« Reply #114 on: Fri, 2 Oct 2020 08:39 »
Quote from: Hardy
Does the Javascript code include a TCP/IP data transfer to Cesium?
Wheramium "just" uses Javascript functions from the Cesium library, but I don't know what protocol these then use behind the scenes.
I just had a look-around at doc.s, API, blogs, and so on, but nothing found so far, or they are not telling; it's all about the higher levels, i.e. Javascript and other web technologies.

However, it's Open Source, so I can and will dig around in the source code (or alternatively try and intercept the network traffic), but that will take more time. I'll update this post if I find anything relevant.

UPDATE: Now I've had a quick look at the main Cesium Javascript file (the ancient version I am using has only 156,600 lines) in the hope of finding some low-level communication stuff. No such luck, but what I saw looks as if HTTP requests are being used. Which naturally then begs the question what the HTTP protocol uses as the underlying layer.
To which the Hive Mind (a.k.a. Wikipedia) says: "Transmission Control Protocol (TCP) is commonly used. However, HTTP can be adapted to use unreliable protocols such as the User Datagram Protocol (UDP)."

Cheers,
Martin "Never look under the hood" E.
« Last edit: Fri, 2 Oct 2020 19:16 by martin »

Hardy Heinlin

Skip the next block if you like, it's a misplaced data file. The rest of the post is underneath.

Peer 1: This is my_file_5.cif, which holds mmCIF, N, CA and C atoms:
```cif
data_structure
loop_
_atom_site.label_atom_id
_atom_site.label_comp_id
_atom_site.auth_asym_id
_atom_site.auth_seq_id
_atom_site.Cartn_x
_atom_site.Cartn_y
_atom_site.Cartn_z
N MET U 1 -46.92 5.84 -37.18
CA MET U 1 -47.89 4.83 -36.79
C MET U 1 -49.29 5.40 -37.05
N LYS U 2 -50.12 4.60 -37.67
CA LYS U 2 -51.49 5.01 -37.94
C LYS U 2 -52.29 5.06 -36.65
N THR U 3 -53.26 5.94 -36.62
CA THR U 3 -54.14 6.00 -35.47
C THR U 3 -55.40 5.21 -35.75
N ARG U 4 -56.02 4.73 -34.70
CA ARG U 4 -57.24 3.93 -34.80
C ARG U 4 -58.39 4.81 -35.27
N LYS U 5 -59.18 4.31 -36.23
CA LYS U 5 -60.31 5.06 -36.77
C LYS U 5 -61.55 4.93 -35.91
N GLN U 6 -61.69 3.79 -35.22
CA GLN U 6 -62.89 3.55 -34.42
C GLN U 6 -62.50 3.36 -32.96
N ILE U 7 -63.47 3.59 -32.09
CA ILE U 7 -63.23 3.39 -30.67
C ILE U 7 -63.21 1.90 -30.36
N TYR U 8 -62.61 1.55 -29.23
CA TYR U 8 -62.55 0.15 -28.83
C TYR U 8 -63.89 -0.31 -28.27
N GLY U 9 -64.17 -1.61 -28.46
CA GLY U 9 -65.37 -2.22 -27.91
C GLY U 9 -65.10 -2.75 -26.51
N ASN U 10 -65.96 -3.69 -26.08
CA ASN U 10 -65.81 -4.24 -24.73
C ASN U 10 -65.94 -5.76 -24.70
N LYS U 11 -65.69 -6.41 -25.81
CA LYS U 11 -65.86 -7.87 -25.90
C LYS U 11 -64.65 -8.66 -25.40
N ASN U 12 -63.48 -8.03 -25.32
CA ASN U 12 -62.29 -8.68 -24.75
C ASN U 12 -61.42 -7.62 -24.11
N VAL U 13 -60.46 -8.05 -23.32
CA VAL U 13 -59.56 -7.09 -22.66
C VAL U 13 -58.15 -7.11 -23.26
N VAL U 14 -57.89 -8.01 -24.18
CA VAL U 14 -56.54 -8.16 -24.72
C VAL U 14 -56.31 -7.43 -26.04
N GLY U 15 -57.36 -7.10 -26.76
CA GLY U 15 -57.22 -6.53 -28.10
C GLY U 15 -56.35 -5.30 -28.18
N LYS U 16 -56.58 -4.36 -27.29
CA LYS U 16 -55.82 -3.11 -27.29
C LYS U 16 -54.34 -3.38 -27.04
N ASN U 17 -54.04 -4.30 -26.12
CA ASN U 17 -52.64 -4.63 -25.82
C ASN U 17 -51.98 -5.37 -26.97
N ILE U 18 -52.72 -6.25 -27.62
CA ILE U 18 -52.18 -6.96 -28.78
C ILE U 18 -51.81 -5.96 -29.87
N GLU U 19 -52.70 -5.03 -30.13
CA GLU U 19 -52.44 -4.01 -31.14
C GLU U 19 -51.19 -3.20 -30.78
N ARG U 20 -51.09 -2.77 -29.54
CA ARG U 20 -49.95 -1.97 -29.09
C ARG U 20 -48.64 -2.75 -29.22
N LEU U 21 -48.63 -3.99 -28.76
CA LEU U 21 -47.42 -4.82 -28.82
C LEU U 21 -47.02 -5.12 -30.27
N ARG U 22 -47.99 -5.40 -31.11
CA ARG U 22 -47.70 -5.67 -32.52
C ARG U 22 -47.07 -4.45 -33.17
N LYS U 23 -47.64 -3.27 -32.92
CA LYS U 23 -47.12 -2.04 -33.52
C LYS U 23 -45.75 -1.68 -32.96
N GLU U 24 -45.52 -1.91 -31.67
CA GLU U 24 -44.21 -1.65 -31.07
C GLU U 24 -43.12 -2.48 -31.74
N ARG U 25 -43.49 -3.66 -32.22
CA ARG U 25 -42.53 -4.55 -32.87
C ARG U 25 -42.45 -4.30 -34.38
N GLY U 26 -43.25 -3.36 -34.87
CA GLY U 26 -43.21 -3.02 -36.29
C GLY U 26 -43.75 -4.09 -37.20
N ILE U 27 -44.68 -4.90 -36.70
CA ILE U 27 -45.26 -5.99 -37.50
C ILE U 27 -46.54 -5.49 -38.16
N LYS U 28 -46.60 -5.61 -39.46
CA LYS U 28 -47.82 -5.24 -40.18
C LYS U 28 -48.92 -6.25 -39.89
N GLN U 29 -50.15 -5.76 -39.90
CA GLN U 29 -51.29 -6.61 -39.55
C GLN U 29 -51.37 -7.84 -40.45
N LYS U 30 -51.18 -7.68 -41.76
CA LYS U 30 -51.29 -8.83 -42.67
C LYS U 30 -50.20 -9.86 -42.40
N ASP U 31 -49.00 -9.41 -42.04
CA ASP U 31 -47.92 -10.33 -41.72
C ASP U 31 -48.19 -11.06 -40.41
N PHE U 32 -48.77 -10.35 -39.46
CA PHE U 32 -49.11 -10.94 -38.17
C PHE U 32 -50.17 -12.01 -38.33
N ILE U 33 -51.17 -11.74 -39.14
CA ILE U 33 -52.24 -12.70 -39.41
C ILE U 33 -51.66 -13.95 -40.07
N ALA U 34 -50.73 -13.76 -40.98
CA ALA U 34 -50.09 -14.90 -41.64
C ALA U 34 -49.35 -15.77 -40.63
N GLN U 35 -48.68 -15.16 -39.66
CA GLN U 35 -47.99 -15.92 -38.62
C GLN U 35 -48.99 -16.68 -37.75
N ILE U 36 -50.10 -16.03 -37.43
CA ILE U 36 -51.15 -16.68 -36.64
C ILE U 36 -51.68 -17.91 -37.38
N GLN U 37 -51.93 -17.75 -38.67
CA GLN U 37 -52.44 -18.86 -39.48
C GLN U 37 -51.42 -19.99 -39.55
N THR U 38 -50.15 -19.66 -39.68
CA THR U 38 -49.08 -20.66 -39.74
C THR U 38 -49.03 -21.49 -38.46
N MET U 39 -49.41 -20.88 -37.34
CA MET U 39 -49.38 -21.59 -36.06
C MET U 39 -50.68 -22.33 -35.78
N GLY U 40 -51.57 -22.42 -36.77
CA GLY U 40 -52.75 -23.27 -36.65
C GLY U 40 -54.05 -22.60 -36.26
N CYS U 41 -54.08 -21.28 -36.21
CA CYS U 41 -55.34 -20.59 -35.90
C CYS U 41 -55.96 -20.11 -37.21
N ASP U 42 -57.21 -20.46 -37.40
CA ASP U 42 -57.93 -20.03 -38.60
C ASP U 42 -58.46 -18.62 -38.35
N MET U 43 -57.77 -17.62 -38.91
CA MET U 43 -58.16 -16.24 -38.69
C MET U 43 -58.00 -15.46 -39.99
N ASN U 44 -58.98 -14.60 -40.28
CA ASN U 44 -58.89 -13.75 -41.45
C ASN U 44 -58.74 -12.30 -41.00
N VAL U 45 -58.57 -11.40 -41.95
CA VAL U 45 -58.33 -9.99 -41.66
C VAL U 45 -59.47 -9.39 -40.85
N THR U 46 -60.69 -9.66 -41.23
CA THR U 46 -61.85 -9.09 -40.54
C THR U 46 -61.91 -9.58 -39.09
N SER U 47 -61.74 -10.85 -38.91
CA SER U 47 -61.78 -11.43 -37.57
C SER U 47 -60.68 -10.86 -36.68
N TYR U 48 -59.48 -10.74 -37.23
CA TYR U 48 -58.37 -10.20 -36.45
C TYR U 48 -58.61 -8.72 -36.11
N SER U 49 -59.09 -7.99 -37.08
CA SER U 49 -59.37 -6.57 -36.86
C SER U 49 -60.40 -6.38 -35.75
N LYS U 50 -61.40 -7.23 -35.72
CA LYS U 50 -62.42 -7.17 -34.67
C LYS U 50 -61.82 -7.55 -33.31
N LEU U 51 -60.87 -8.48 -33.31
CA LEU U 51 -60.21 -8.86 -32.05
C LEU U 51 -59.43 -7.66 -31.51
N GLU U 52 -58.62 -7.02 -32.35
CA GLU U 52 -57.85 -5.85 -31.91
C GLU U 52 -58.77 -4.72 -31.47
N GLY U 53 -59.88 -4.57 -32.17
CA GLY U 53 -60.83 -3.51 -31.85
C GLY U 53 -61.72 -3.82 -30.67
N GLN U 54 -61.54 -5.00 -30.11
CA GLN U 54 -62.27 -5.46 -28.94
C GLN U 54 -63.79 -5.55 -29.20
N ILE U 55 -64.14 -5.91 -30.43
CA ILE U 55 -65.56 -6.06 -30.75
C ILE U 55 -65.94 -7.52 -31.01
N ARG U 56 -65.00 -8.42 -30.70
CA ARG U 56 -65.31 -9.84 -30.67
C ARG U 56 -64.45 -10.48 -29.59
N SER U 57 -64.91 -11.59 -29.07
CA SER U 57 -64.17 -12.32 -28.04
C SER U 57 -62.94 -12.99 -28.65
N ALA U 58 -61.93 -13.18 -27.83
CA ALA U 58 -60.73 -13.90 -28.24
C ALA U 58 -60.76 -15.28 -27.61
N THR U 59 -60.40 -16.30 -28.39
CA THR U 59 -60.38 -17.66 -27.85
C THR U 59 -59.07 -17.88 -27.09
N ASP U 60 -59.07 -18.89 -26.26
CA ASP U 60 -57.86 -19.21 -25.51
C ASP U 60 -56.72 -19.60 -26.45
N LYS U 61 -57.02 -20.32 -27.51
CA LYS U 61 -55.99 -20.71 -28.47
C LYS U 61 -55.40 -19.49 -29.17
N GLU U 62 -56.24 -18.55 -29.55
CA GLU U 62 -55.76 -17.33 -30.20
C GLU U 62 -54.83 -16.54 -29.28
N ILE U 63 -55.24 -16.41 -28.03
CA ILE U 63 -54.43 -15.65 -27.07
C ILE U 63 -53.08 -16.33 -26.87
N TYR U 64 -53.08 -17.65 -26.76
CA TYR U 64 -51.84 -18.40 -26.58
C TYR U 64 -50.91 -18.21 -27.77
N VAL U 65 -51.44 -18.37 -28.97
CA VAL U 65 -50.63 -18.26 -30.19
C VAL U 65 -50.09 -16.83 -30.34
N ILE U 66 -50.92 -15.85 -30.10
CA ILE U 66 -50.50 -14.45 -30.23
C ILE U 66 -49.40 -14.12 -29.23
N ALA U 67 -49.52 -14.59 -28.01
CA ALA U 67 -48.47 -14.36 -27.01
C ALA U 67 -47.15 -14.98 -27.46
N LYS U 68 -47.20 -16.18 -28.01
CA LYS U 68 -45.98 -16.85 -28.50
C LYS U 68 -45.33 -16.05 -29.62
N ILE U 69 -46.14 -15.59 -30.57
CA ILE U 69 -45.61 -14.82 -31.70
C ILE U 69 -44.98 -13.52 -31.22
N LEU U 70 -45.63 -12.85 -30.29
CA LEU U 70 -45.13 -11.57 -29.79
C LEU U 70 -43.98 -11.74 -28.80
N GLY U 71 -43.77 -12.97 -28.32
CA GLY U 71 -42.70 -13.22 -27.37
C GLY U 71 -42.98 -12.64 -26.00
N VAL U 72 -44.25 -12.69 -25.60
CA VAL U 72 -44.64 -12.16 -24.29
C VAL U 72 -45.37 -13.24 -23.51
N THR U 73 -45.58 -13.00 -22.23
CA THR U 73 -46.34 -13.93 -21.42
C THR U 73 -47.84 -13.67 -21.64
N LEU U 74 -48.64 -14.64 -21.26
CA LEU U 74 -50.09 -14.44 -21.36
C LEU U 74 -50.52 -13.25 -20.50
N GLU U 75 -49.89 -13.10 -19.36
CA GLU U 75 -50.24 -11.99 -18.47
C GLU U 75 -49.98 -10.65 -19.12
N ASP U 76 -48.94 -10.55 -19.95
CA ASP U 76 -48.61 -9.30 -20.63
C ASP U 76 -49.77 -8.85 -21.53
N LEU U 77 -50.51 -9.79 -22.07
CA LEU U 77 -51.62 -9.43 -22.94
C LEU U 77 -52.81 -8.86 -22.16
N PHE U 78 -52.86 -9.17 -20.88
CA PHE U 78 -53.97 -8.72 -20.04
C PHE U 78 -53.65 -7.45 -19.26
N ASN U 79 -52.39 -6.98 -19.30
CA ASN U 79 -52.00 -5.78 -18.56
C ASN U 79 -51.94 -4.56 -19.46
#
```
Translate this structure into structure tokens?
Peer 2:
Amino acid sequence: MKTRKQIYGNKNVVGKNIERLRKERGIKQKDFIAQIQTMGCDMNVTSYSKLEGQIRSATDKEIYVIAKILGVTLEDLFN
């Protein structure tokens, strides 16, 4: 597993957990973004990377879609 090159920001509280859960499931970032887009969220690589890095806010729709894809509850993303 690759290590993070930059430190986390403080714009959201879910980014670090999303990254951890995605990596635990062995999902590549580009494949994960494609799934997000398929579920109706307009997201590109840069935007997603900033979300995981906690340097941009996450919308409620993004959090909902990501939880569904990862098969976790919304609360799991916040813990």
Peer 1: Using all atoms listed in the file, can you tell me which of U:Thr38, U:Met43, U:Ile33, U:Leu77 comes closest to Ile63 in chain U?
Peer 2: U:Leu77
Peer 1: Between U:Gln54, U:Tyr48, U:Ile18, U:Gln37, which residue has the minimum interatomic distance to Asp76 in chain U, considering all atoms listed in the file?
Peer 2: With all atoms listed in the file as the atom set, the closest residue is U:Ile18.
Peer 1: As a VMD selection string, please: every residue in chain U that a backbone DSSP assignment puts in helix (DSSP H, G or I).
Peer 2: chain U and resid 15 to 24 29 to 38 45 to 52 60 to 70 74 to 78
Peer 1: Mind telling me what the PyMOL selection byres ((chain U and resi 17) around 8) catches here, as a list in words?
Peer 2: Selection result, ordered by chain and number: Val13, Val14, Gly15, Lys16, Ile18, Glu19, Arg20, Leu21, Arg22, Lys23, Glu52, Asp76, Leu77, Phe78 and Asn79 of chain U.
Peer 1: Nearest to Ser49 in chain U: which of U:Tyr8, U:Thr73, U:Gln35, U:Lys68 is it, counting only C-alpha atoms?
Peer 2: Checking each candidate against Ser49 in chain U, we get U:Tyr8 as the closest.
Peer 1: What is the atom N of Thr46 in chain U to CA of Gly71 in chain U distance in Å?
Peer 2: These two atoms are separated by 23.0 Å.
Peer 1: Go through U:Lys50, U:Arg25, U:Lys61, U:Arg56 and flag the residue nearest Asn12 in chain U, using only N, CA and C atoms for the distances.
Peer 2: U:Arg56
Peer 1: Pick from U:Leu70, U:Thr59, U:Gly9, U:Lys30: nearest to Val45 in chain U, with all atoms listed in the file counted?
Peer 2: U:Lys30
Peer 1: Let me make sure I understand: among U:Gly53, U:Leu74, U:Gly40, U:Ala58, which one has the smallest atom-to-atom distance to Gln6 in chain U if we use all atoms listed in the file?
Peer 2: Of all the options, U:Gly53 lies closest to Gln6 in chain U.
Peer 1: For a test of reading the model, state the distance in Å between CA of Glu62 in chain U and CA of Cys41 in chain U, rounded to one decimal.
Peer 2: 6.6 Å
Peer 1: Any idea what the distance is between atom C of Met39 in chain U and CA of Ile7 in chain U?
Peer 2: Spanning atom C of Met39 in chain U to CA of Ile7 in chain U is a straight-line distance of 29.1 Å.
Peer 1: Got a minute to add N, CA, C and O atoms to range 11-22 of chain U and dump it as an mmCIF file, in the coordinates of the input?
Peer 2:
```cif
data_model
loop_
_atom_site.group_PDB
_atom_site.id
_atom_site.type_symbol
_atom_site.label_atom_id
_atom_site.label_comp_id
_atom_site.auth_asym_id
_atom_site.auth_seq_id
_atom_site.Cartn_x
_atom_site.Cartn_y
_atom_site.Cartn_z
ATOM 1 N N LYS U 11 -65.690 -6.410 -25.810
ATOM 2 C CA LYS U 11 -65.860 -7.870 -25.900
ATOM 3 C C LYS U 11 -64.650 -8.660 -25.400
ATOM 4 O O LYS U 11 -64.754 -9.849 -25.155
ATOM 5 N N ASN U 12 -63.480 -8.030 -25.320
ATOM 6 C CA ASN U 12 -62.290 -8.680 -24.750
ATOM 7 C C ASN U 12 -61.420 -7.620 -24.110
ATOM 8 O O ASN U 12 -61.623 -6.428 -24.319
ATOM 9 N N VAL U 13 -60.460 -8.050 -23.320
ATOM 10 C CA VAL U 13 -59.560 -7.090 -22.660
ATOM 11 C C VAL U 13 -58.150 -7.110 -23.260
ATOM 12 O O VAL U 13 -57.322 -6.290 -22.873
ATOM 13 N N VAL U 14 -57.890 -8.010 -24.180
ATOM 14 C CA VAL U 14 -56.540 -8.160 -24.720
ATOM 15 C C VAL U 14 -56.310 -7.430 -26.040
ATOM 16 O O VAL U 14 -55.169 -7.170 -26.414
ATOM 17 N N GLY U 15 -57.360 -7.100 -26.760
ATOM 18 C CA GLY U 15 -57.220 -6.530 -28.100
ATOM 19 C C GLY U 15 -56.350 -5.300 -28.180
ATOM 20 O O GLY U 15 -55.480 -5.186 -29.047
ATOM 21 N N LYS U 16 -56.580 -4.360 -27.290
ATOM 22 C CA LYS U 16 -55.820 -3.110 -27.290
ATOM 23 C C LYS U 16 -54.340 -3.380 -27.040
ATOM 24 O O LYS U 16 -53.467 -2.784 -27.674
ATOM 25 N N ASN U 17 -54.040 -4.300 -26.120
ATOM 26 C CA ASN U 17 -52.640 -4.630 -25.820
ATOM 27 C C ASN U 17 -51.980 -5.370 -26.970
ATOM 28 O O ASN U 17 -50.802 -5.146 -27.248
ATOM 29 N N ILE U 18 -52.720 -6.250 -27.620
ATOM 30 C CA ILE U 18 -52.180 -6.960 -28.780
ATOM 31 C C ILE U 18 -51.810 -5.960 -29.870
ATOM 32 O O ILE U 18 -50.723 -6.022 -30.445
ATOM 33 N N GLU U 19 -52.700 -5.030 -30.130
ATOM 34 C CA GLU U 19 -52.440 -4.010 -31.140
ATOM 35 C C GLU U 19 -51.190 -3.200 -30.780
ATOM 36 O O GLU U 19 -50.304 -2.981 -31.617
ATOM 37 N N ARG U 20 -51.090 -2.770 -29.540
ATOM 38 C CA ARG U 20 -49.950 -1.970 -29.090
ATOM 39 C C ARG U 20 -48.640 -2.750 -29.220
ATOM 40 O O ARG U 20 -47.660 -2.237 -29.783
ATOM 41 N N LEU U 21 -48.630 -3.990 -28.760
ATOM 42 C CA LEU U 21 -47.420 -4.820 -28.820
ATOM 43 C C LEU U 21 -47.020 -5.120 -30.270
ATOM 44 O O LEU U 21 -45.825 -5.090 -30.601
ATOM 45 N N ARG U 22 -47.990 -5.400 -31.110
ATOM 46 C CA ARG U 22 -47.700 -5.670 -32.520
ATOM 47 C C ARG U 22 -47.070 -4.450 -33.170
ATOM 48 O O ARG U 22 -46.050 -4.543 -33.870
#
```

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Re: NEW: PSX_Wheramium, a moving map
« Reply #115 on: Fri, 2 Oct 2020 10:46 »
... the speed at which Wheramium now reads the PSX data lines, and on  my box (i7-8700, 3.2GHz, 16GB RAM) the frequency is 73.8 lines per second ...

That's actually a fine result; your primary loop thread seems to be unblocked now. Just to be sure it's not coincidence: Do you get 48 Hz when you set the PSX limit to 48? (Instructor > Preferences > Basics.)


Cheers,

|-|ardy

martin

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Re: NEW: PSX_Wheramium, a moving map
« Reply #116 on: Fri, 2 Oct 2020 18:41 »
Quote from: Hardy
Just to be sure it's not coincidence: Do you get 48 Hz when you set the PSX limit to 48?

Ahhh, always some subversive questions/suggestions...
(It is bad practice to try and improve or extend results which already fit perfectly.) ;D
But luckily, here it turns out indeed that the read frequency perfectly fits the settings in PSX for the boost record generation frequency.
Here is the full science:
   
For each "Frame rate limit" setting in PSX, 1,000 (A) and 10,000 (B) data reads, resp., were timed.
(For the "73" setting, also 50,000 reads (C).)
The A and B (and C) results are mostly identical to the first decimal, but did differ in the second and third, not shown here.  ;) ).


Results:
Code: [Select]
  FPS            reads/sec   
setting        A       B    C
  73         73.8    73.8  73.8 
 60/2        30.2    30.3   --
 48/2        24.4    24.4   --
 60/3        20.1    20.2   --
 48/3        16.3    16.3   --

Cheers,
Martin "ReadSpeeder" E.
« Last edit: Fri, 2 Oct 2020 19:13 by martin »